The spring workouts are in the books and the long offseason has arrived. But before diving into summer and the painful wait for football to return, we’re taking a look back at the developments from March and April and sneaking a peek at what to expect in the fall for Illinois.
Three things we learned in the spring
Maybe the Illini don’t need to rush at quarterback: The assumption heading into camp was that even with the coaching staff evaluating multiple quarterbacks, Wes Lunt was a lock to win the starting job. Maybe the transfer from Oklahoma State still has the inside track, but Reilly O'Toole shined in the spring game and he and Aaron Bailey have done enough to keep the battle going into August.
Concerns linger about who will catch those passes: Offensive coordinator Bill Cubit was quick to point out before practice even started that he was more worried about finding receivers than picking a guy to throw to them, and that issue hasn’t been entirely put to bed. Even after a spring game that featured productive outings for former walk-on Peter Bonahoom and Justin Hardee, Cubit still expressed concern about broken routes and drops from the unit.
The pass rush is showing signs of life: The bar is low to show improvement, but the Illini appear well on their way to adding some bite in the trenches and making more plays in the backfield. Collectively the defense racked up seven sacks in the spring game, led by a dynamic outing from Paul James III, who chipped in a pair of those sacks, added two more tackles for loss and also recovered a fumble.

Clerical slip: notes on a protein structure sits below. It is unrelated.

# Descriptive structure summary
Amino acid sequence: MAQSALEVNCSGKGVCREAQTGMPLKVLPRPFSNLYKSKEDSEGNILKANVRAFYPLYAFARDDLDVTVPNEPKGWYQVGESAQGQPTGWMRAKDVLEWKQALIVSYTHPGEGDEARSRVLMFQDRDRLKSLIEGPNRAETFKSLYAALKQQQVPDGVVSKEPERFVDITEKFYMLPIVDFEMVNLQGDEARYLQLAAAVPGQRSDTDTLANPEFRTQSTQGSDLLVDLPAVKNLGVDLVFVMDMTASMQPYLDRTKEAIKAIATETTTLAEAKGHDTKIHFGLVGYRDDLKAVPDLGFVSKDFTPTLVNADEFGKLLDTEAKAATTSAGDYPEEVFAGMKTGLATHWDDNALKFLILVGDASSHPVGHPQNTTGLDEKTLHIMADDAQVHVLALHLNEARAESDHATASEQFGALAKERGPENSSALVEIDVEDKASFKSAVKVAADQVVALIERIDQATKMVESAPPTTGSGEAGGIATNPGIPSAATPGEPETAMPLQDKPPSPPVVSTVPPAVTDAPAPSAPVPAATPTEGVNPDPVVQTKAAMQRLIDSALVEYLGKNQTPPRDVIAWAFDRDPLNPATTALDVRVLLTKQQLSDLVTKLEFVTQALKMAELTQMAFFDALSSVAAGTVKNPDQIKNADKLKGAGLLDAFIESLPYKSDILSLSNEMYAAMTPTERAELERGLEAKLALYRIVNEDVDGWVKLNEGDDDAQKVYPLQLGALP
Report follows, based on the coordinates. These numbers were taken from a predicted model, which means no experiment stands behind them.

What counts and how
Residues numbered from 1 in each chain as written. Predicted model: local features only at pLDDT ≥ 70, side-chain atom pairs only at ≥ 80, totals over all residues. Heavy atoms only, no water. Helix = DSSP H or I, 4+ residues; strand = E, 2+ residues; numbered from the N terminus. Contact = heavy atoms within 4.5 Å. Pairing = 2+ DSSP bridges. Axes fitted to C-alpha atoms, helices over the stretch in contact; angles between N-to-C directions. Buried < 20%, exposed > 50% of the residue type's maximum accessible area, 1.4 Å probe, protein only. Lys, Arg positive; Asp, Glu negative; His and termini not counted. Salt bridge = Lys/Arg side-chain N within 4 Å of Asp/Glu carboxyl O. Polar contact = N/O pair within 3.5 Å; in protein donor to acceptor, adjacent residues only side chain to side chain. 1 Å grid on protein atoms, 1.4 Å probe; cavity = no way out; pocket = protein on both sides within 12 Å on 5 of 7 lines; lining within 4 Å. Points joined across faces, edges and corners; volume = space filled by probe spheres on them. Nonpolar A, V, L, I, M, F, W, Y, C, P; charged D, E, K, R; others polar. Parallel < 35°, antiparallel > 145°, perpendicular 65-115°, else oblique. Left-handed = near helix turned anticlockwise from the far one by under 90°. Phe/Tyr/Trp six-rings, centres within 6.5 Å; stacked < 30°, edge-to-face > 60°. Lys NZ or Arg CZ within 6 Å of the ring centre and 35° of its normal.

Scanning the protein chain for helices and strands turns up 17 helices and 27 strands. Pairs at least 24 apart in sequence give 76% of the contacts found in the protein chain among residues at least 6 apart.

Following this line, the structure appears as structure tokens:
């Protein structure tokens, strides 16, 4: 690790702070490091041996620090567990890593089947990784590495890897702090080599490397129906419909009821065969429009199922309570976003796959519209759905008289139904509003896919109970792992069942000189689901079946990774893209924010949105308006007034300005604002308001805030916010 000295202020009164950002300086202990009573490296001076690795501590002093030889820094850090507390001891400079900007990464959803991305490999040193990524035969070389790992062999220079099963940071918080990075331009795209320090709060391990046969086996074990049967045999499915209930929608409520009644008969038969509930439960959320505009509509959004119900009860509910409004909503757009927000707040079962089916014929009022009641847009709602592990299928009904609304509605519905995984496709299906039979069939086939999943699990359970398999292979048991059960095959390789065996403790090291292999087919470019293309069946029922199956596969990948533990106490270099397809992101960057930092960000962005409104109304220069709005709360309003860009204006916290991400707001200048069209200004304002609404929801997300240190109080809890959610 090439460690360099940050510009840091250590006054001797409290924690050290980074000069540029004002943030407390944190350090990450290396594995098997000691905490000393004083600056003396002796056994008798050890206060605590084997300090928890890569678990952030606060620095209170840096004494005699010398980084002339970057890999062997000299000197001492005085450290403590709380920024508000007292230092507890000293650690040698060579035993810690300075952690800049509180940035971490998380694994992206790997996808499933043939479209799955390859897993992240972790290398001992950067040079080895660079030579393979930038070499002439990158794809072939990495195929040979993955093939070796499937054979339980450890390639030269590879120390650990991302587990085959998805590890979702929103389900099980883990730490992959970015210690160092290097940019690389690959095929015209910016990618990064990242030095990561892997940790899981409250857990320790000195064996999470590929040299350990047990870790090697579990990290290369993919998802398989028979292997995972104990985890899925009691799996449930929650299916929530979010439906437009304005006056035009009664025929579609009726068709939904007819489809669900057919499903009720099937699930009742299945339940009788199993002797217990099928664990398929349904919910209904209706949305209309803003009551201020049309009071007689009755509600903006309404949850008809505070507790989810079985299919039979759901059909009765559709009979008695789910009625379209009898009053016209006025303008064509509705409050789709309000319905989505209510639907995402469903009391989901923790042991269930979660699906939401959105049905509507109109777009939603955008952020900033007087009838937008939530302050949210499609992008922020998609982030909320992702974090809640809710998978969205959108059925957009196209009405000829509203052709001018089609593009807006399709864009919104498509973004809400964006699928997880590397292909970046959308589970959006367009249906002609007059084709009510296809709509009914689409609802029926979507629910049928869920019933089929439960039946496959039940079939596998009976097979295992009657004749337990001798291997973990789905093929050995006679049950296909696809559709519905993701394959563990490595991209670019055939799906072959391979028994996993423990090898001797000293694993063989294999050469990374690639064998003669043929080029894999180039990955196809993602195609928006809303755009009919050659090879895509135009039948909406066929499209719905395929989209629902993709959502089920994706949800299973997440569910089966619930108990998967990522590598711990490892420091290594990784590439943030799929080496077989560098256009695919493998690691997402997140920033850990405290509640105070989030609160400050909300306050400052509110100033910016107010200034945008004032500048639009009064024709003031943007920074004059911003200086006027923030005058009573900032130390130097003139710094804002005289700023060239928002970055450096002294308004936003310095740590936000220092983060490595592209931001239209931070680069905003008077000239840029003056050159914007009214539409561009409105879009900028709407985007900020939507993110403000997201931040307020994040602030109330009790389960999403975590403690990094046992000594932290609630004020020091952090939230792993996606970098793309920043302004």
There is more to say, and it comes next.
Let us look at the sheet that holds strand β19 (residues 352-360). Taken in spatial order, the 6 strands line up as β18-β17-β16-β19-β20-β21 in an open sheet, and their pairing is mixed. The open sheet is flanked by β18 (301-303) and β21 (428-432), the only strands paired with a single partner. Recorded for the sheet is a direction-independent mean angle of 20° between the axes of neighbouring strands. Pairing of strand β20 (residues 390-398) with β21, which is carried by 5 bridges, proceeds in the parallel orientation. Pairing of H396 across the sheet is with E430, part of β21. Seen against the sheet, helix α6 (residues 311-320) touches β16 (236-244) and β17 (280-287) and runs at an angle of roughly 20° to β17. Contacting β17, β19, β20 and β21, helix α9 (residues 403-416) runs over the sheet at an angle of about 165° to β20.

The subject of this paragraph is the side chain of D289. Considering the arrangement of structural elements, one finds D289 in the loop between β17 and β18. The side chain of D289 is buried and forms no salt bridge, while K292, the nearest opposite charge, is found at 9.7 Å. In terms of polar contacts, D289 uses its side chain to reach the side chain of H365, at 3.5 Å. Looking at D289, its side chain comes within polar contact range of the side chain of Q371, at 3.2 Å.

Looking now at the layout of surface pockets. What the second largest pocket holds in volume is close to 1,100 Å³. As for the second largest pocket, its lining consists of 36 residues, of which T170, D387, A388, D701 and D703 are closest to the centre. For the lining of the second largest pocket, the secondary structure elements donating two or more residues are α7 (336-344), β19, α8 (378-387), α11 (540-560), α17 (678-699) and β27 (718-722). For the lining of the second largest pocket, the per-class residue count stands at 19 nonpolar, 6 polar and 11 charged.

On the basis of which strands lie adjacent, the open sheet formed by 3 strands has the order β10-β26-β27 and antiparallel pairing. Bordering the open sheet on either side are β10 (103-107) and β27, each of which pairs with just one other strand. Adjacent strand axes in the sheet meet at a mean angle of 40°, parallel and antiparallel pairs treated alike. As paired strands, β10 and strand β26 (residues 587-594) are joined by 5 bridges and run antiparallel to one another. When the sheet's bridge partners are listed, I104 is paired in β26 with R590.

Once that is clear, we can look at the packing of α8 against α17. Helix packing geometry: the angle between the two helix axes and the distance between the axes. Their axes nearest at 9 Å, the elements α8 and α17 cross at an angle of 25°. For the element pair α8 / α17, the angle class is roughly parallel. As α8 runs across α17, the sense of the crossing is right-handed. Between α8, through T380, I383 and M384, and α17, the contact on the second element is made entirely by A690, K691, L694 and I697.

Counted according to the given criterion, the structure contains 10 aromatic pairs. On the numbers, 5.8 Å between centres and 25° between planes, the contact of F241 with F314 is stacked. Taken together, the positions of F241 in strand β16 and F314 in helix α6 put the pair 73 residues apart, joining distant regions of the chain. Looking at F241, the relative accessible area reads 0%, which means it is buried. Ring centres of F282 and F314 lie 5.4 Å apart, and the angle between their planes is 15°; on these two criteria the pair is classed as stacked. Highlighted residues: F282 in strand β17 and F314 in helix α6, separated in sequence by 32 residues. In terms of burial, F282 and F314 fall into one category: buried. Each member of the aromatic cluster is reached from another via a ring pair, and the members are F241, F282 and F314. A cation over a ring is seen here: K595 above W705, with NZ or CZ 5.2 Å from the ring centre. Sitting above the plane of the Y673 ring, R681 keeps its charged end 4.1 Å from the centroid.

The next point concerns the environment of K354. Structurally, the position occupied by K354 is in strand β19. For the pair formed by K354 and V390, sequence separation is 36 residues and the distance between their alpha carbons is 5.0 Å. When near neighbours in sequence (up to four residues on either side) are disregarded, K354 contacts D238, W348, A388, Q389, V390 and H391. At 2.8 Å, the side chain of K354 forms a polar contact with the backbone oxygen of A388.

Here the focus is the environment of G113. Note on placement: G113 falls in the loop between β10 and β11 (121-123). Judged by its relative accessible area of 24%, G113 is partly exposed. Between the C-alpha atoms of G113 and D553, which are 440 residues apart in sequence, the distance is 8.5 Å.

Three questions for the fall
How will the secondary hold up?: V'Angelo Bentley provided a hint that better things are on the way with an 89-yard interception return in the spring game, but the Illini still need to prove they’ve overcome the youthful mistakes that popped up while allowing more than 480 yards per game overall a year ago. Coach Tim Beckman wasn’t thrilled with some deep shots the cornerbacks allowed as spring closed, and the defense will have to hold up its end of the bargain to get the program on track.
Will the offensive line improve?: The Illini might be serviceable enough to provide pass protection for Cubit’s attack, but unless the offensive line can start consistently getting some push up front for the tailbacks, there won’t be enough threat from the running game to keep talented defenses off balance. Spring games aren’t perfect barometers, but neither squad averaged more than 2.9 yards per attempt on the ground in the exhibition, a discouraging sign for a team that finished No. 10 in the conference in rushing last year.
Is there a new toughness to go with the new look?: The rebrand on the uniforms gives Illinois a sharp new look. Now it needs to prove those upgrades aren’t just superficial. The tests for the guys inside those jerseys come one after another on the road in the Big Ten, and the Illini will have to embrace the challenge of playing in hostile venues like Nebraska, Wisconsin and Ohio State if they're going to return to being contenders in the league again.
One way-too-early prediction
The Illini aren’t ready to compete with the powerhouses in the Big Ten, but assuming they can get three wins outside the league and defend Memorial Stadium against Purdue, the chance to earn a bowl bid could be well within reach heading into November. It may still come down to the final weekend of the regular season and a trip to Northwestern, but Illinois has the talent to get the job done and return the postseason.